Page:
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Modern Slavery

Category: General

Slavery is still widely prevalent in our society today and could be happening right under your nose, in your street or neighbourhood.  It’s a hidden crime happening in plain sight across the UK. The Global Slavery Index estimates that Britain is home to around 136,000 victims of modern slavery, far surpassing the government’s own statistics.

Modern Slavery has many forms, from being forced to carry out manual tasks such as domestic work or labouring for little or no money to criminal and sexual exploitation. Many victims are often trafficked and are forced to live in fear in squalid conditions under the constant threat of violence and intimidation.

Would your colleagues know what to look out for? Signs of slavery in the UK and elsewhere are often hidden, making it even harder to recognise victims around us;

  • Appearance: Signs of physical or psychological abuse, look malnourished or unkempt, or appear withdrawn
  • Isolation: Victims may rarely be allowed to travel on their own, seem under the control, influence of others, rarely interact or appear unfamiliar with their neighbourhood or where they work
  • Poor living conditions: Victims may be living in dirty, cramped or overcrowded accommodation, and / or living and working at the same address
  • Few or no personal belongings: Victims may have no identification documents, have few personal possessions and always wear the same clothes day in day out. What clothes they do wear may not be suitable for their work
  • Restricted freedom of movement: Victims may have no identification documents (e.g. Passport), have few personal possessions and always wear the same clothes day in day out. What clothes they do wear may not be suitable for their work
  • Unusual travel times: They may be dropped off / collected for work on a regular basis either very early or late at night
  • Reluctant to seek help: Victims may avoid eye contact, appear frightened or hesitant to talk to strangers and fear law enforcers for many reasons, such as not knowing who to trust or where to get help, fear of deportation, fear of violence to them or their family.

Particular forms of exploitation, such as child exploitation or domestic servitude can also have other indicators. Common signs can be found here

What to do if you have concerns.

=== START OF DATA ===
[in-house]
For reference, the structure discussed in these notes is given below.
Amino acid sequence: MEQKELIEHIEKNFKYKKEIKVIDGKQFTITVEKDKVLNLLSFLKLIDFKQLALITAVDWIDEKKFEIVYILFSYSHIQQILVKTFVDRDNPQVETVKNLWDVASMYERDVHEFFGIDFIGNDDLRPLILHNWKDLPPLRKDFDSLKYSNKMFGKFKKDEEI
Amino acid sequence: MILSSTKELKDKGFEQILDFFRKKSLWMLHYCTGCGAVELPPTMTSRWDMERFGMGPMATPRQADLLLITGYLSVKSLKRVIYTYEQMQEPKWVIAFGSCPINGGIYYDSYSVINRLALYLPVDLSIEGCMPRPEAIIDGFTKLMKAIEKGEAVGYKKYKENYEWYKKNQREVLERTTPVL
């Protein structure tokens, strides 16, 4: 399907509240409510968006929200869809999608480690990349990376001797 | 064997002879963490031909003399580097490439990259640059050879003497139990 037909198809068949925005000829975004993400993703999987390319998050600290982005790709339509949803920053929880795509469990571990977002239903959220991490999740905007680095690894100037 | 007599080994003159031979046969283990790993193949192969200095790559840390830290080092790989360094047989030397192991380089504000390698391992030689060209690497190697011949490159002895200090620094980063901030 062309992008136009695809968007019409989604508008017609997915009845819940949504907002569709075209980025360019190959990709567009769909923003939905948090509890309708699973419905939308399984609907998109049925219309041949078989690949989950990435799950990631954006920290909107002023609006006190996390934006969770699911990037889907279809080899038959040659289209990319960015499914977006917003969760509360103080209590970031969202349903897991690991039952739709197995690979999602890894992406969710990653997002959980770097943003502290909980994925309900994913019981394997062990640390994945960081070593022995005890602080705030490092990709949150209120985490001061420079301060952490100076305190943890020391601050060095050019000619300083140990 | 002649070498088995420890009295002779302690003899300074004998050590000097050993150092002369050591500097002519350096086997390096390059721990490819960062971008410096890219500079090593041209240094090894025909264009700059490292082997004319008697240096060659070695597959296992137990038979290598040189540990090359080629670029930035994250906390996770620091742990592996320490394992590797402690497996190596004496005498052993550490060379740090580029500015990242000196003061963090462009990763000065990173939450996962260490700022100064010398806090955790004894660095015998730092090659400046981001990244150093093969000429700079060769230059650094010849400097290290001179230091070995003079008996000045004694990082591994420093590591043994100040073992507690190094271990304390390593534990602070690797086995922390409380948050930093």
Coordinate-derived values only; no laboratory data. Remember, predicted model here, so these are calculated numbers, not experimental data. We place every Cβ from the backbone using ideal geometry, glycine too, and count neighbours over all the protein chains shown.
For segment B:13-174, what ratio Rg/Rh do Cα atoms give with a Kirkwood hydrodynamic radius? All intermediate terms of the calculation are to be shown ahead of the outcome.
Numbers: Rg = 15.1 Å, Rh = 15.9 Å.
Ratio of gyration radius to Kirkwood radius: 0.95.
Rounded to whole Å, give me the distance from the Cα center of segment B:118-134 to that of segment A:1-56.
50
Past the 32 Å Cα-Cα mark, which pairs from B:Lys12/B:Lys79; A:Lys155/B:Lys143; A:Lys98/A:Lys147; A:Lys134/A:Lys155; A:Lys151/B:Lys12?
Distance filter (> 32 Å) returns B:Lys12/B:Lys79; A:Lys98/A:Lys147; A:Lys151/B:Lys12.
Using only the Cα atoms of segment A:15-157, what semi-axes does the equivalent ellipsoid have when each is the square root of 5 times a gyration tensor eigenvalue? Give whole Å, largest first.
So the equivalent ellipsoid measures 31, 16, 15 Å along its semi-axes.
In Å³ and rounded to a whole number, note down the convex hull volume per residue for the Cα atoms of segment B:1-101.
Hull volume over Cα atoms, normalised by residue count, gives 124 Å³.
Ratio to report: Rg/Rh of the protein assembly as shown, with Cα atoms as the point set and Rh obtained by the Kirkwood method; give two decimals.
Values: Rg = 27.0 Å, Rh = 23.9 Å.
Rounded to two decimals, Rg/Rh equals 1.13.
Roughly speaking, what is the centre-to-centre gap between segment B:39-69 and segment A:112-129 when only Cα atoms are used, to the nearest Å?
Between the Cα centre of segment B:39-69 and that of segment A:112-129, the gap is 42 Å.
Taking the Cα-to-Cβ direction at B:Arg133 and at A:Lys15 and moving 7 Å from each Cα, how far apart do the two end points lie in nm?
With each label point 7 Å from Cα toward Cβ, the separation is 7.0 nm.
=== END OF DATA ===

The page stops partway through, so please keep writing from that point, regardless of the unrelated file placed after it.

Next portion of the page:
• if you are concerned about a child, call the First Response Team on 01296 383 962
  • if you are concerned about an adult, call the Safeguarding Adults Team on 0800 137915
  • to report concerns outside of office hours, call the emergency duty team on 0800 999 7677
  • if there is an immediate danger to the suspected victim call 999 as a matter of urgency.

The Modern Slavery Helpline is a national helpline for victims or anyone who wishes to report a suspected case. The number is free and all calls are treated confidentially: 08000 121 700.

In Buckinghamshire we are fortunate to have a number of services that support and help those who are vulnerable to exploitation including;

Missing and Exploitation Hub – The Missing and Exploitation Hub is a multi-agency team made up of partners from Childrens Social Care, Thames Valley Police, Barnardo’s, Health and Education, as well as a Parent worker, currently provided by Buckinghamshire Safeguarding Children Partnership. The team supports victims of all forms of exploitation and can work with and sign post those in need of support (up to the age of 25). You can contact them by calling the First Response Team on 01296 383 962.

Victims’ Service – Victims First provides free emotional and practical support to all victims and witnesses of exploitation, as well as family members of victims. It is available across Buckinghamshire and can provide help regardless of whether or not the crime has been reported to the police. The support offered is on both a practical and emotional level, from help with housing, benefits, education and employment, assistance through court processes, advocating at meetings, to hospital visits and arranging food and clothes parcels etc. You can contact Victims First by calling 0300 1234 148 or by visiting their website.